Category: Academic Departments
From Ramarajan, L., & Reid, E. (Forthcoming). Shattering the myth of separate worlds: Negotiating non-work identities at work. Academy of Management Review.
How much of our self is defined by our work?
Now, with fundamental changes in the social organization of work, this fairly simple question has become surprisingly difficult to answer. Where, for example, do small business owners’ professional and personal identities begin and end? What about those of doctors, oil rig workers, or priests?
A new paper by Erin Reid, Assistant Professor of Organizational Behavior at Boston University School of Management, and Harvard Business School’s Lakshmi Ramarajan, brings the importance of these questions to light. Their article, forthcoming in the Academy of Management Review, departs from a decades-old “myth of separate worlds” about the personal and professional, as well as from the limits of past management research on identity, which has primarily focused on at-work identity.
Based on an extensive review of research on management, gender and work, work-family, and sociology, Reid and Ramarajan develop a new theory of how people manage their non-work identities in the workplace, arguing that exploring the former has become increasingly important to understanding productivity, employee engagement and well-being, and power dynamics in the latter.
A New Focus on the Importance of External Identities
Attributing the blurring of work and non-work life domains to the combined effects of declining job stability, rising workplace diversity, and the growth of communication technologies, the authors argue that many workers—whether an Indian call center employee posing as an American, a priest juggling a parish and a same-sex relationship, or a female engineer modifying her gender expression to increase perceived competence—must renegotiate the boundaries of their identities.
Due to a combination of work and life pressures and personal preferences, workers develop different strategies for negotiating gender, family, nationality, and other “non-work” selves in the workplace, Reid and Ramarajan find. Varying degrees of alignment between one’s preferences and the pressures they face both affects how workers manage their non-work identities and impacts their experience of the power relationship between themselves and their organization or occupation. “The greater the alignment,” the authors write, “the more likely people are to remain unaware of this power relationship or experience it as enabling.” Conversely, “the greater the misalignment, the more likely people are to acutely experience the power relationship as a constraint.”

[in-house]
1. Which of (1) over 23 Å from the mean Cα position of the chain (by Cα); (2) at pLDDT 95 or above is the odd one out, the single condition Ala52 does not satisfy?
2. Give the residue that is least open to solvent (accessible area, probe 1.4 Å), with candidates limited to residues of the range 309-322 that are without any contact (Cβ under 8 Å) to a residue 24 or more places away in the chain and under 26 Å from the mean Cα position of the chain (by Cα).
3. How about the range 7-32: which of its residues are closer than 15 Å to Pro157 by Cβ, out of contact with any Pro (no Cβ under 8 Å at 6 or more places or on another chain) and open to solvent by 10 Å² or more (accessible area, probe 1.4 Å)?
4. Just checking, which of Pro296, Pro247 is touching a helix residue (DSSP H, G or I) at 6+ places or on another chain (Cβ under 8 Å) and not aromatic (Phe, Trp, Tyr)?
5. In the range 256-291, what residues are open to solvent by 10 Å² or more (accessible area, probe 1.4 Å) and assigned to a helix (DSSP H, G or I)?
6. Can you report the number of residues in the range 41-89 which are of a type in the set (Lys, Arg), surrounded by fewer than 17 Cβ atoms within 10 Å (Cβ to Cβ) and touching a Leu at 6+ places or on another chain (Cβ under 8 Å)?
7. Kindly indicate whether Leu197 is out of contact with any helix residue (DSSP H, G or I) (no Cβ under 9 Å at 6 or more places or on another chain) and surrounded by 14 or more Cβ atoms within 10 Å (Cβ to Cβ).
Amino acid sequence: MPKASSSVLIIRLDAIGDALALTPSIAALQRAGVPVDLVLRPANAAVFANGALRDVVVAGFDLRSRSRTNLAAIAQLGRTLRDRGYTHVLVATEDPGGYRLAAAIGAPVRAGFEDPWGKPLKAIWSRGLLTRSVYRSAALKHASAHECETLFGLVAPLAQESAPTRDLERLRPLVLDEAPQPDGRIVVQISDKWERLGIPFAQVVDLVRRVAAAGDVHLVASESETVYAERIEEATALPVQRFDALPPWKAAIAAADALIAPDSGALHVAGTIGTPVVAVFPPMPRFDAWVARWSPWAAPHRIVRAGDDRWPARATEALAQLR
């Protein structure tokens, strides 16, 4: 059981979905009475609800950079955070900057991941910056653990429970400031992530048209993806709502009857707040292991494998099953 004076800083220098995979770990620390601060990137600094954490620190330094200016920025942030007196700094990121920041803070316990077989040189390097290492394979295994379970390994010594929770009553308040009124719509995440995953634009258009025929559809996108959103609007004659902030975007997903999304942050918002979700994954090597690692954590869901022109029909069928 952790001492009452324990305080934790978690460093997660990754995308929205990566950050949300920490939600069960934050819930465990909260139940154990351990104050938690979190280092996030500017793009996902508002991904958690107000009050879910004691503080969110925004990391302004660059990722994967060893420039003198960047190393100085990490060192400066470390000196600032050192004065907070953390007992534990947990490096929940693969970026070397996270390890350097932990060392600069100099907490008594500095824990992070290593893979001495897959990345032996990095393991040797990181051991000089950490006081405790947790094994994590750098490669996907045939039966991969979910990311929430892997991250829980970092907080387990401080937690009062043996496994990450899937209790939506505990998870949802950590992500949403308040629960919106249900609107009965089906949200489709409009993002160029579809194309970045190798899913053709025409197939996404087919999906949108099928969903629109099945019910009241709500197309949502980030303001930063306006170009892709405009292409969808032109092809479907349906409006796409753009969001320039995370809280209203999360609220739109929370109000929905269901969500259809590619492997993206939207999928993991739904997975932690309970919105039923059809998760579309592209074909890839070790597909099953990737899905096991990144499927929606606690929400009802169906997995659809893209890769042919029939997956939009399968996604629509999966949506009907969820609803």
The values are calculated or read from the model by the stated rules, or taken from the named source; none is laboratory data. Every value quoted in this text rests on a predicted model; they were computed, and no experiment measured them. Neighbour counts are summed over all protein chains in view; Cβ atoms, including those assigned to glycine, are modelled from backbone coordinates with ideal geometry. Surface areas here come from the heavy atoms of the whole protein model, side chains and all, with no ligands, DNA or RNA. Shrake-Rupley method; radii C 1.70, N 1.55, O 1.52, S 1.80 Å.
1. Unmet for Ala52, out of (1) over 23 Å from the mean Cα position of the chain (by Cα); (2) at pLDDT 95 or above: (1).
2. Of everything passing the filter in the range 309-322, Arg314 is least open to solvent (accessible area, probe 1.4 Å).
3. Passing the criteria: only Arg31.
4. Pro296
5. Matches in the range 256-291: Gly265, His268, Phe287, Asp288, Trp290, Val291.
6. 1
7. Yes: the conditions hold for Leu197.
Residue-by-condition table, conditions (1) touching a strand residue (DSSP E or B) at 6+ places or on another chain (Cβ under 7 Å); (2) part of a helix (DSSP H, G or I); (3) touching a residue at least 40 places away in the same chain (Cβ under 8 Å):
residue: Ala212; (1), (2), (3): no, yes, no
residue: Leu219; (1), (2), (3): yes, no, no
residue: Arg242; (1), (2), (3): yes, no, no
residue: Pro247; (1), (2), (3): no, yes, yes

Different Strategies, Different Selves
Through a literature review of 117 articles and books published between 1990-2012 or cited in research from this period, and using direct commentary from workers about their efforts to negotiate their non-work identities at work, Reid and Ramarajan create a matrix encompassing various pressures, preferences, strategies, and outcomes.
They identify pressures and preferences as either:
- Inclusionary, wherein people are encouraged to merge their work and non-work identities, or do so by choice; or
- Exclusionary, wherein workers are encouraged to keep their identities separate, or do so by choice.
The authors then map different worker strategies within varying combinations of pressures, preferences, and outcomes:
- Assenting strategies (such as luxury resort workers’ preferences for non-committal friendships and romantic relationships, due to a career requirement for frequent relocation), which are likely to improve workers’ well-being in the short term. However, in the long term, well-being may decline.